Marvel Enterprises said Monday it believes “conditions are good” to settle a costly legal battle with legendary comicbook creator Stan Lee, who the courts say is entitled to a 10% slice of profits from Marvel movie and TV productions.
During an earnings call, Marvel Enterprises vice chair Peter Cuneo said the January ruling actually has facilitated negotiations between the two sides. That’s because the ruling handed down in federal court in Gotham didn’t entirely resolve Lee’s suit.
U.S. District Court Judge Robert W. Sweet left it up to a jury to decide whether Lee also is entitled to share in the profits from Marvel’s joint licensing merchandising with Sony Pictures Entertainment for “Spider-Man” and with Universal Studios for “The Hulk.”
“The judge … left a few areas open for interpretation. What that did was define the playing field better and allow for us to talk to each other,” Cuneo said.
That didn’t diminish Marvel’s upbeat mood over its earnings last quarter or enthusiasm for “Fantastic Four,” a co-production of 20th Century Fox and Marvel Studios that bows July 8.
Marvel’s net income more than doubled during the final quarter of 2004 over the same time last year — jumping from $13.5 million to $30.1 million — largely due to the “Spider-Man” joint merchandising venture and an uptick in revenues from international licensing.
Also boosting Marvel’s bottom line was a noncash, one-time tax credit of $6.2 million.
Sales in the fourth quarter rose 17% from $85.7 million to $100.5 million.
For Marvel during the quarter, the consolidated joint merchandising venture with Sony racked up $29 million in sales — $20 million higher than Wall Street estimates.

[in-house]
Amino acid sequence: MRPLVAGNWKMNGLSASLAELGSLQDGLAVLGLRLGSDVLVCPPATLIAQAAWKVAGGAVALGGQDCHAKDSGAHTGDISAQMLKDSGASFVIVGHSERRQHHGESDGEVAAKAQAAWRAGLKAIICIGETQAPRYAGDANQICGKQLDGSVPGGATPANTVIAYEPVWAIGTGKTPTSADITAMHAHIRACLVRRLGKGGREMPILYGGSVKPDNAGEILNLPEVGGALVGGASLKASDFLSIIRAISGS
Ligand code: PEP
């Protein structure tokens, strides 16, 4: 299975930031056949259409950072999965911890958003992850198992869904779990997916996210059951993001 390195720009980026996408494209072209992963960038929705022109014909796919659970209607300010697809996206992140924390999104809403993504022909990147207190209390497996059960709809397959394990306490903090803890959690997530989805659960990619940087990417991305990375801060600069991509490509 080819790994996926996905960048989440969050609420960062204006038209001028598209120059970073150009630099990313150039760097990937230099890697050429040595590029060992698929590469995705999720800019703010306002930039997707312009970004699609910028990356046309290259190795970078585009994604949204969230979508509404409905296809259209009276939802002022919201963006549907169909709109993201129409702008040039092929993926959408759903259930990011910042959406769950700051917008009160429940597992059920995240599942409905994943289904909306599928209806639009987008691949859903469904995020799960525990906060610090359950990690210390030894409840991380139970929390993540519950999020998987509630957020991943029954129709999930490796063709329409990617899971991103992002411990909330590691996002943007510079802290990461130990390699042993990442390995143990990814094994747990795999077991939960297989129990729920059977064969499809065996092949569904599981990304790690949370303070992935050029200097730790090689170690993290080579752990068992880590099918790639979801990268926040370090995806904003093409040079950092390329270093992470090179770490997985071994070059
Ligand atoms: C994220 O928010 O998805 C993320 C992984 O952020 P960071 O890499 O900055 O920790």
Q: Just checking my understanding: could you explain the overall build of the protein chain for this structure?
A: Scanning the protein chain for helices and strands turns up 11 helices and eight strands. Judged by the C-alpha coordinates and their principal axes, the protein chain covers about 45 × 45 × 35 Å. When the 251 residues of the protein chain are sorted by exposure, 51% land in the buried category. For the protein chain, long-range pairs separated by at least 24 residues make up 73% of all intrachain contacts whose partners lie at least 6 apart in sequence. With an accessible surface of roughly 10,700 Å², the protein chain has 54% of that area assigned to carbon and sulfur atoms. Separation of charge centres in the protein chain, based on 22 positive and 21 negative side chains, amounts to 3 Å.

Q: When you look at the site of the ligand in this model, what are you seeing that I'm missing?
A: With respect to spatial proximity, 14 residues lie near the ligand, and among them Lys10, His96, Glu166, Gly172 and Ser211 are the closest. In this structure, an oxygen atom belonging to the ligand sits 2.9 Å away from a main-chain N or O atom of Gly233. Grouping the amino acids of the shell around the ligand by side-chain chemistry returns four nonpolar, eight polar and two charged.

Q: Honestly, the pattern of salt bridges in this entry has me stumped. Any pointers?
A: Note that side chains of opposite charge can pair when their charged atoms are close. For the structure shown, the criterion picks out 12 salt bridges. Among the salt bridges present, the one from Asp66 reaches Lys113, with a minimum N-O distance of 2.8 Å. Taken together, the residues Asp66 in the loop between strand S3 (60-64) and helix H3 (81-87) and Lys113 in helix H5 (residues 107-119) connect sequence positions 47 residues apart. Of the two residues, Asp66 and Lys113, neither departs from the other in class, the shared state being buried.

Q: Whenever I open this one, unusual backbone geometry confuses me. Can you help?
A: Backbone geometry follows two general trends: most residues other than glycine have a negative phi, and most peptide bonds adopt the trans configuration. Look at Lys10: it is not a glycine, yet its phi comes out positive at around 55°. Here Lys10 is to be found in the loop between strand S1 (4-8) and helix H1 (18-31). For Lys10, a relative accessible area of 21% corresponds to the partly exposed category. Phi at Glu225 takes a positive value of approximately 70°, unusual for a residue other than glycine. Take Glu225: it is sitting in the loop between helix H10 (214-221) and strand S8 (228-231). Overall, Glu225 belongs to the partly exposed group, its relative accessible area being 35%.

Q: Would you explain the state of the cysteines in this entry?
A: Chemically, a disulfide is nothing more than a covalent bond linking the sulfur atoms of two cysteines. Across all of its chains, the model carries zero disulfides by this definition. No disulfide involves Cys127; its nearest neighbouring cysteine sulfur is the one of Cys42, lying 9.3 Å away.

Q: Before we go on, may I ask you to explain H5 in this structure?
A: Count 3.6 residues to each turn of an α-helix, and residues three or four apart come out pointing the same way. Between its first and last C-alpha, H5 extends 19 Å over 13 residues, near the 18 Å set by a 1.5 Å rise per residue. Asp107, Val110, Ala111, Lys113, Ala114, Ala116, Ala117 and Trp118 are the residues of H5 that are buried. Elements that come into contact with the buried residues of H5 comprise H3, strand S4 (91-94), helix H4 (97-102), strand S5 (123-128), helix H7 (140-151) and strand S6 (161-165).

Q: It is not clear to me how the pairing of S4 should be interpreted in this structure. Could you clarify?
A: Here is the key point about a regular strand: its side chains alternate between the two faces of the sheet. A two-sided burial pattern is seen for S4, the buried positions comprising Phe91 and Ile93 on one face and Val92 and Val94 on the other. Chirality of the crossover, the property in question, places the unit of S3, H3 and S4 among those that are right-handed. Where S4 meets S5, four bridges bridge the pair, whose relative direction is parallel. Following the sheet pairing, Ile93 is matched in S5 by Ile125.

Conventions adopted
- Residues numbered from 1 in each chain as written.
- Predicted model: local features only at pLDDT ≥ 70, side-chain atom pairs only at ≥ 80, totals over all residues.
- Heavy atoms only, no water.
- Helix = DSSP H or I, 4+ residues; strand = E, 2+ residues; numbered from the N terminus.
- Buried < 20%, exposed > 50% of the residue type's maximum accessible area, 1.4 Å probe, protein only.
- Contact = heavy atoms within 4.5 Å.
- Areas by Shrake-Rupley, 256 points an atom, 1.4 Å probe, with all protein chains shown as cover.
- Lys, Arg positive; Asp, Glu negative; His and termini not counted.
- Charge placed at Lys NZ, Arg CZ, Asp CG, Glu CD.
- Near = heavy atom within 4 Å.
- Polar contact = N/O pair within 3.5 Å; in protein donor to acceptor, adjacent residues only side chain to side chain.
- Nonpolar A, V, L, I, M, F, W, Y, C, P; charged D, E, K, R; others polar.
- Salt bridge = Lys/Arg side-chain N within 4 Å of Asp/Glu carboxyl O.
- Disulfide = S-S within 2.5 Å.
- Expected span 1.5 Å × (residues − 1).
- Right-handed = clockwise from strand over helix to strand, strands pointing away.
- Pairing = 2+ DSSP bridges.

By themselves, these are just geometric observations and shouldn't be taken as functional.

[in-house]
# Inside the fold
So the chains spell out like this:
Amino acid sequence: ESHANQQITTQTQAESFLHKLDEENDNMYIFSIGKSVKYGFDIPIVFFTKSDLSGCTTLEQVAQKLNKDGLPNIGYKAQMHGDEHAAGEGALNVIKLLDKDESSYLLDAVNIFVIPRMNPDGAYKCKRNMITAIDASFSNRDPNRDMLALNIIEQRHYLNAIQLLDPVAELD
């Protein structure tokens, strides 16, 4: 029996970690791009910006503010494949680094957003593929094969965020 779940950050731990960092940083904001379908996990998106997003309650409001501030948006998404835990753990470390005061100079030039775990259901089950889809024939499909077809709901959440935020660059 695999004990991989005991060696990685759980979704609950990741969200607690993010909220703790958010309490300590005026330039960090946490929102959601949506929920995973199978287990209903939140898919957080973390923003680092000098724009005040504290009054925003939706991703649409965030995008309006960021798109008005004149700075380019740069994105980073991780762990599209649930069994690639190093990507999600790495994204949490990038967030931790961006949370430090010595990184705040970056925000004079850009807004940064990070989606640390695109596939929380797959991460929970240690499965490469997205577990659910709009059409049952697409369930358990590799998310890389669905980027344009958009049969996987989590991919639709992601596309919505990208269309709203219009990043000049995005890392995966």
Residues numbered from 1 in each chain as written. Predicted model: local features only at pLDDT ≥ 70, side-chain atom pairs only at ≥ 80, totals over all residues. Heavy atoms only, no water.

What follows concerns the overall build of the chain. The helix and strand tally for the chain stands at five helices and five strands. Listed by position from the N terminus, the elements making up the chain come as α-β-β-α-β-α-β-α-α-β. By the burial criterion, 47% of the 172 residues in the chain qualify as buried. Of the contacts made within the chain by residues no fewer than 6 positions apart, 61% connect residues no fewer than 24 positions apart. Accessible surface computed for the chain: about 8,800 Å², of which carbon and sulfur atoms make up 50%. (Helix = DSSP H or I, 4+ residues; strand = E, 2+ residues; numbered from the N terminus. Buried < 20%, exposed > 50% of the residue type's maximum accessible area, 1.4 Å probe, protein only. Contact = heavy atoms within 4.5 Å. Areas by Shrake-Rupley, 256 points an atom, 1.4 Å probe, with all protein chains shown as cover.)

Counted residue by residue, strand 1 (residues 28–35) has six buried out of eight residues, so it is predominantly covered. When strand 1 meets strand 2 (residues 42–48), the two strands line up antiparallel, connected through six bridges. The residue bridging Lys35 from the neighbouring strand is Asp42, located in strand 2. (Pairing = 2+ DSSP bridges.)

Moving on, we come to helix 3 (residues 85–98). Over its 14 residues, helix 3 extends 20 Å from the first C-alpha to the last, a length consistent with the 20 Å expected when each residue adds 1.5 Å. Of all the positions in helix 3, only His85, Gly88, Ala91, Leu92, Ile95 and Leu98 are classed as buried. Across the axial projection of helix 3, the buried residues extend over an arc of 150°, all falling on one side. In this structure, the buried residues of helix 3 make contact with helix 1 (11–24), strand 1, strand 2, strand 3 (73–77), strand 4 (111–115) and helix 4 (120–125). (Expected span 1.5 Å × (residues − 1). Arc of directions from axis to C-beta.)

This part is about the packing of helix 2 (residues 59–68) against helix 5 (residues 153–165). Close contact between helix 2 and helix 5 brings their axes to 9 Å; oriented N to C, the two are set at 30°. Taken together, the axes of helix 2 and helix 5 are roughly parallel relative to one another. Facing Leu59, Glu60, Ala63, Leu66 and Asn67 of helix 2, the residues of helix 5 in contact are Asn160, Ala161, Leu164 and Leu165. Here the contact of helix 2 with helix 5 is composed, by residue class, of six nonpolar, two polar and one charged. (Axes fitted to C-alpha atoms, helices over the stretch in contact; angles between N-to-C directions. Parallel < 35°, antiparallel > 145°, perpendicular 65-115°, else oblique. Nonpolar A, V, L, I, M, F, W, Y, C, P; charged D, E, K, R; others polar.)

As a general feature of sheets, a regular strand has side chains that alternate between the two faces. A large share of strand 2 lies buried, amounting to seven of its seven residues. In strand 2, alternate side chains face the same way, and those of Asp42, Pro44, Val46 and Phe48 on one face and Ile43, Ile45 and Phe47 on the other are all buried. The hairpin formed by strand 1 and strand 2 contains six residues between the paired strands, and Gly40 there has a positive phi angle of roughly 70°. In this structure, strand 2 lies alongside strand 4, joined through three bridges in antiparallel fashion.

One dim spot: Toy receipts fell nearly 50% to $21.8 million during the quarter as sales trailed off for “Lord of the Rings” and “Hulk” action figures.
Publishing sales climbed 16.4% in the last quarter to $22.1 million on comic and paperback sales. Cuneo said this division was further bolstered by a recent deal to sell Marvel comicbooks in thousands of 7-Eleven stores nationwide.
While the company’s financial performance generally came in ahead of Wall Street’s expectations, analysts took note of Marvel’s prediction that overall sales will be down in 2005 compared to the previous year.
Briefing investors on the upcoming film slate, Marvel Studios topper Ari Avad said theater auds will soon start seeing trailers for tentpole “Fantastic Four.” Marvel, through its Cover Concepts division, will introduce “Fantastic Four” characters to elementary school children nationwide when it sends 2 million comicbooks written by educators to 6,000 schools.
On the matter of movie and TV profits alone, Lee is likely owed northwards of $20 million, although no one has locked in a precise dollar figure. He would be owed millions more should he likewise prevail on the joint merchandising issue.
Lee, Marvel’s chairman emeritus and co-creator of numerous characters including Spider-Man and the X-Men, says he’s entitled to participate in all production deals, while Marvel has argued otherwise.
If no settlement is reached, Marvel will continue through the appeals process, which could take years, Cuneo said. Lee said in a recent interview that he too hopes to resolve the matter out of court.
Marvel shares closed down 45 cent; Monday at $18.